Maker Journal Post #7

In the webinar, “5 Ways to Supercharge your STEAM program with littleBits,” issues of STEAM education are addressed. Some of these include kids being consumers of technology but not necessarily creators, and that it doesn’t reach all learners. The A in STEAM stands for art and design, which impacts creative confidence and deeper thinking within STEAM-reated activities. There were two guest speakers, Dave Sharp and Michael Wilkinson, who both have much experience with STEAM education.

As Sharp introduced littleBits, he mentioned the construction of the product being low floor, or easy to understand, but also being high ceiling, or complex projects. This relates to our work at Barrow as we continually explore and create different Makerspace ideas that the students can actually benefit from. It is important that the students know the task at hand that also challenges them, requires them to tinker, fail, and try again. Sharp also discusses STEAM education as a way for students to express themselves and explore ideas. I see so much this concept at Barrow as students express what they like, dislike, and what they feel confident making. It’s important for students to try a wide variety of activities and then make it something they can explore and enjoy. For example, some students were shy when it came to building with duct tape because they haven’t ever really experience with it. When I asked them what was interesting to them, they suddenly tried to make a purse or a wallet and further expressed themselves in the process.

Below are the 5 Ways to Supercharge your STEAM program.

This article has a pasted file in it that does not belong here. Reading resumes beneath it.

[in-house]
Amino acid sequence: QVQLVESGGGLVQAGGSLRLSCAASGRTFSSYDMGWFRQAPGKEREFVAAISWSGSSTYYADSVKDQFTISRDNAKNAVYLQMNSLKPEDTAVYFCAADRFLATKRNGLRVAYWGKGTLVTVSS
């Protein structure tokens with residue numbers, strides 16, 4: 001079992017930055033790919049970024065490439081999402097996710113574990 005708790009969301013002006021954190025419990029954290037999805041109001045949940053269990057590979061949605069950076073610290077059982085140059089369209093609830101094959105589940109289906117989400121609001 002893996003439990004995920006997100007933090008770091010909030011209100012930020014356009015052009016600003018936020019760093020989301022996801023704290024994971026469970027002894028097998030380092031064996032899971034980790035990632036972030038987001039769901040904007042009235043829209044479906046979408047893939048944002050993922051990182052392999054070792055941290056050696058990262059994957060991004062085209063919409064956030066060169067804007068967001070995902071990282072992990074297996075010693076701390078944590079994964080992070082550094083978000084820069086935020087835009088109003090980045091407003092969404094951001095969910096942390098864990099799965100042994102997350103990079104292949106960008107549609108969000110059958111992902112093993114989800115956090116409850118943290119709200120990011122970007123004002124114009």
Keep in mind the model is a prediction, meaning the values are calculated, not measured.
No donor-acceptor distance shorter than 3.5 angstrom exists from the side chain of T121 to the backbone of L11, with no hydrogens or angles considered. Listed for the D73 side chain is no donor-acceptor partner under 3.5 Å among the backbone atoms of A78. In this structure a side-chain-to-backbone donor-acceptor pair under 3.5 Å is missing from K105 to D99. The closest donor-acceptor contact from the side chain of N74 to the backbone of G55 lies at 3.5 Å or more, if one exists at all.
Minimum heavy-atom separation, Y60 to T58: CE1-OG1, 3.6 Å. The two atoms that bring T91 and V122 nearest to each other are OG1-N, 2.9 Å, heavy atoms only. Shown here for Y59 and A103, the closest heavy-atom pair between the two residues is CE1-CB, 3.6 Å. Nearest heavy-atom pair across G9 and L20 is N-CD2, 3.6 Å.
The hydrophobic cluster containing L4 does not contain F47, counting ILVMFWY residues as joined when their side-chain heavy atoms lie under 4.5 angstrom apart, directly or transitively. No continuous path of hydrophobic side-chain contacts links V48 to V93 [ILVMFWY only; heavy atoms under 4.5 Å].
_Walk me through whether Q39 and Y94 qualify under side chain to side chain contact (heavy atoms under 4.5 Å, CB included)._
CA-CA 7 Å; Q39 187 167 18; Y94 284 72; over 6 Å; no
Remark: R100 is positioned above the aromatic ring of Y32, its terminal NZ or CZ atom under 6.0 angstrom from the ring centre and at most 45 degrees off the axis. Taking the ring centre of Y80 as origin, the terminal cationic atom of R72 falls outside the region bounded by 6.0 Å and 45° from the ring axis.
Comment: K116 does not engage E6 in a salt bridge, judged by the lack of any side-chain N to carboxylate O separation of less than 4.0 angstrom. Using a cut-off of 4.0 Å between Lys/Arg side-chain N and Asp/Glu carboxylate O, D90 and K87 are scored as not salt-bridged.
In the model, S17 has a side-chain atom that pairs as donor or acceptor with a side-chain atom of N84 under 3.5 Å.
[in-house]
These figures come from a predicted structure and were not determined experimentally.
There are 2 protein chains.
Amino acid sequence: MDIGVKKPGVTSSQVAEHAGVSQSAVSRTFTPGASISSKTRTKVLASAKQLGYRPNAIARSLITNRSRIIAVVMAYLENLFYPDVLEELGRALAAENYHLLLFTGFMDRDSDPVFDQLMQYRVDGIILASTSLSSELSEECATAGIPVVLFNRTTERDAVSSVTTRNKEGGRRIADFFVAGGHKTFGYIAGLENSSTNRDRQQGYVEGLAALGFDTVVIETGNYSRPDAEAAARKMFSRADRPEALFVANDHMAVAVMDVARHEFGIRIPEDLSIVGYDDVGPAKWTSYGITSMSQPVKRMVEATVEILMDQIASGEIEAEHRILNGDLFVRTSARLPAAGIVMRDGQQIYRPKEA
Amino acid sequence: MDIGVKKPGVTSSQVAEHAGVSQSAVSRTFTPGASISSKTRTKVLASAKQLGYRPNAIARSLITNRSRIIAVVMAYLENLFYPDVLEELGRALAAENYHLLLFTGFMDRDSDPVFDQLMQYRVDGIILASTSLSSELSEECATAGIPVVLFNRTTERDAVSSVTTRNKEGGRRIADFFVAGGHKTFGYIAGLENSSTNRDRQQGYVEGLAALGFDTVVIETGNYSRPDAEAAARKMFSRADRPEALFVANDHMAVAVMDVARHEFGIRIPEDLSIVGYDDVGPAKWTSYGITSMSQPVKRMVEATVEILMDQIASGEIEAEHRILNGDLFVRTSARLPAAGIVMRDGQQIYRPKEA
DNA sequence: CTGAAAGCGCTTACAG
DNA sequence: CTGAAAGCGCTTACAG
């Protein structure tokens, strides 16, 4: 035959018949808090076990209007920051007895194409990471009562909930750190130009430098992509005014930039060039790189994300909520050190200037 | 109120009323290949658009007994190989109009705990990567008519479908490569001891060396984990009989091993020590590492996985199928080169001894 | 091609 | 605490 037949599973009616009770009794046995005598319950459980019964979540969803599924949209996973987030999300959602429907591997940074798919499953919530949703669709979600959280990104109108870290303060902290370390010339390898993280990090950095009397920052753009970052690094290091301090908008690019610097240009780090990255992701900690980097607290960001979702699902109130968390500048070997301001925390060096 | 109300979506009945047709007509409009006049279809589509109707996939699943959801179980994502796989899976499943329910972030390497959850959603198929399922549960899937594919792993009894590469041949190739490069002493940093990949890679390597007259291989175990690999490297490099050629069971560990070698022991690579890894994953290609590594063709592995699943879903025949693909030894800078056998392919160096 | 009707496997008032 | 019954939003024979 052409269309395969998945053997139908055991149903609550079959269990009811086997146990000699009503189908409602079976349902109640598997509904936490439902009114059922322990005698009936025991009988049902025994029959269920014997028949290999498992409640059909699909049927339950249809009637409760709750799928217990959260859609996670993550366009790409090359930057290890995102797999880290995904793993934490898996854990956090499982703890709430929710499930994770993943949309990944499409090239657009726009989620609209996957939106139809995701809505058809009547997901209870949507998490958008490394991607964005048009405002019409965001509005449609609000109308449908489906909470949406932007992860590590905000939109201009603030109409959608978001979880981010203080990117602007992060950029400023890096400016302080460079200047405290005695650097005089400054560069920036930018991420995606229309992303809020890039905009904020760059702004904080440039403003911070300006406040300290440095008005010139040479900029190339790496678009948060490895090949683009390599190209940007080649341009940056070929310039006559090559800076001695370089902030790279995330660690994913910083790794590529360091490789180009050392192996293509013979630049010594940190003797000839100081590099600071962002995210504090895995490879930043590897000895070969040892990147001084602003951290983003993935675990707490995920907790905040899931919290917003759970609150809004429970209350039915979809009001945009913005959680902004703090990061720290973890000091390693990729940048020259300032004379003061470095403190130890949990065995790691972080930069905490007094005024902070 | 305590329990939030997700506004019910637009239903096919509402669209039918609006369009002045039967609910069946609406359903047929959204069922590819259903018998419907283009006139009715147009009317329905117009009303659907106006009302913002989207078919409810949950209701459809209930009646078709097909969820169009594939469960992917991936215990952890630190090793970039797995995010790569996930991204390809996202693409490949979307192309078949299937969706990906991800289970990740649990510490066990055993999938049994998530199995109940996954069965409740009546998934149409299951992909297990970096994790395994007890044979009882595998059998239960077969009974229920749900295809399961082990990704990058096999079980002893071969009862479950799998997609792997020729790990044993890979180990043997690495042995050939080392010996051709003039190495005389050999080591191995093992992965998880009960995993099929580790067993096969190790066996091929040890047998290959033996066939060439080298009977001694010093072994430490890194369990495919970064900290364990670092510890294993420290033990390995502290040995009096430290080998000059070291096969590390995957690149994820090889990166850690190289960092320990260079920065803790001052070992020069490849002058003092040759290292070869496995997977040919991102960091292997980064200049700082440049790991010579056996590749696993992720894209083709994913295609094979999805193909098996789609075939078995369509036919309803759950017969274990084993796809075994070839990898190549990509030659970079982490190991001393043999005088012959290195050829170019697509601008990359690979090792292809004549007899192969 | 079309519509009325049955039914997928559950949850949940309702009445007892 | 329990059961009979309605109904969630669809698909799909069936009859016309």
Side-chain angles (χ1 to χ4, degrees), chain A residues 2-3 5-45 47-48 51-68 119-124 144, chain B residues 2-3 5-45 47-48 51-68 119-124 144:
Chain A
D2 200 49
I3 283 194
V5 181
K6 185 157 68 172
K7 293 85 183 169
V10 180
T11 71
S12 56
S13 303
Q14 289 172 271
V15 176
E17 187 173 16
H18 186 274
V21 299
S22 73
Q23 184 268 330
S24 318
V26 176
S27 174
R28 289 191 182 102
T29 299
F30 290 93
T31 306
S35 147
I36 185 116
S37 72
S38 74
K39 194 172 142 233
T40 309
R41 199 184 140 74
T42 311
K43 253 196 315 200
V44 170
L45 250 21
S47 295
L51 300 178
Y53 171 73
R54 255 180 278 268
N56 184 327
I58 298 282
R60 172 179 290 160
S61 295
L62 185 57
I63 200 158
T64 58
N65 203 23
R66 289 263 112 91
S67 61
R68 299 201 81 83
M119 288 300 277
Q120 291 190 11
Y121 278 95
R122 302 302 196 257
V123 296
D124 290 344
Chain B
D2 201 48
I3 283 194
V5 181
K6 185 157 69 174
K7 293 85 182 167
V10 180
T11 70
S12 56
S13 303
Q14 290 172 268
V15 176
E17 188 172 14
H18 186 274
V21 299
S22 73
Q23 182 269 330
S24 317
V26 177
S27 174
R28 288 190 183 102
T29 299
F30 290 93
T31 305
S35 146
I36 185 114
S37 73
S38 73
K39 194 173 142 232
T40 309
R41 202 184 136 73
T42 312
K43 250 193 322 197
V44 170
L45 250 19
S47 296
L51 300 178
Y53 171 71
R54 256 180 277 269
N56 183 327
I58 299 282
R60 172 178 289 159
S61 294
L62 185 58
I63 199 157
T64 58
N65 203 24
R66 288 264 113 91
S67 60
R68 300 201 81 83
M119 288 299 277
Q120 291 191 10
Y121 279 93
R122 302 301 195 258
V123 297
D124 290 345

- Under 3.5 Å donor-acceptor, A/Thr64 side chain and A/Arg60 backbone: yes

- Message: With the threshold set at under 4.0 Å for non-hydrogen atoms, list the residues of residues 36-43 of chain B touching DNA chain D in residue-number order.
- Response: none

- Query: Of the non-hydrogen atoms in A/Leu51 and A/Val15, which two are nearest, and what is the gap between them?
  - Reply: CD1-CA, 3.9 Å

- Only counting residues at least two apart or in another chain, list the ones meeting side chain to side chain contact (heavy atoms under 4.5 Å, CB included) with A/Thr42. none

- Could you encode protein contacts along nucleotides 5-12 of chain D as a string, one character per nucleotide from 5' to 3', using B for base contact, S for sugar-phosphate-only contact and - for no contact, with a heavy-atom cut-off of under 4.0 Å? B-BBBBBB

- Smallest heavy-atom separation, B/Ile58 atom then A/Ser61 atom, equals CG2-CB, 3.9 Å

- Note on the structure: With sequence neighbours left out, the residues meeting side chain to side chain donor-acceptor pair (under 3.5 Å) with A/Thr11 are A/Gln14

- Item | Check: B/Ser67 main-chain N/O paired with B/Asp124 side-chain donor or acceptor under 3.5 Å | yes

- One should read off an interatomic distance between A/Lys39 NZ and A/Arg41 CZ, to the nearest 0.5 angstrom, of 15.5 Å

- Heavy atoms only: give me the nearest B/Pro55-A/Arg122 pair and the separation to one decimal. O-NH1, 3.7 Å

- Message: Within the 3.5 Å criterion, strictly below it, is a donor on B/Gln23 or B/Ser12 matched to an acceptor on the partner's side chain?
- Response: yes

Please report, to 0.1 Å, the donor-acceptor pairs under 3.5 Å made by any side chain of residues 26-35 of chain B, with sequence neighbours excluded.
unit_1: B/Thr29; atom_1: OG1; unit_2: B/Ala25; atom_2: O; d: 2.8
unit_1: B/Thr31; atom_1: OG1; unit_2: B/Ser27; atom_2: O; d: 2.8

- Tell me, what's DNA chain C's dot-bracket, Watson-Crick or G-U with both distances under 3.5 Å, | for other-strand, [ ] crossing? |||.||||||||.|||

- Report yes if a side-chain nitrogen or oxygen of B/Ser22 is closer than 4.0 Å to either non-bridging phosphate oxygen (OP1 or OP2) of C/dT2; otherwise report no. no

1. Instill a Growth Mindset in Students (continue to strengthen a creation)

2. Provide scaffolding for teachers and students– (invention cycle). We usually experiment first so we can better understand what the students are asked to do at Barrow.

3. Build STEAM projects around real world issues- (see a greater purpose to help the world). One activity at Barrow could be to use recycled materials to build, or to create something that someone else would benefit from. Students could design and sew pieces of a quilt and provide it to someone in need of a blanket within the community.

4. Connect with Curriculum/standards- (journaling/reflecting)

5. Ensure that teachers have support and training.

When planning for a STEAM activity, it’s important to have materials with various uses and to create an environment for students to fail and try again. A teacher should also use the power of choice and always support students as they build. In the video, Wilkinson, a STEAM teacher, said that he always discusses student creations and gives them challenges that they can then branch off of. When students at Barrow made straw mazes, I walked around and gave the students a chance to tell me about their creations, and the responses were full of excitement, uniqueness, and greater knowledge.

Wilkinson gave various examples of STEAM projects that serve many purposes. For example, using lights teach students about shadows, sunlight, and seasons all in a puppet show. STEAM projects support science procedures, in which students investigate and conduct trials to figure out conclusions. Since Makerspace is centered more on making, students don’t have worksheets and don’t write procedures or conclusions, but they verbally express their procedure every time they build. At Barrow, students are challenged to build towers. They analyze questions they might have, build, discover something new, re-build, and draw conclusions from their creation. Students take into account balance, weight of objects, sizes, and much more within this one challenge. Overall, this webinar helped me better understand STEAM education and its relation to Makerspace.


Author: Anna Beasley

Early Childhood Education. UGA.

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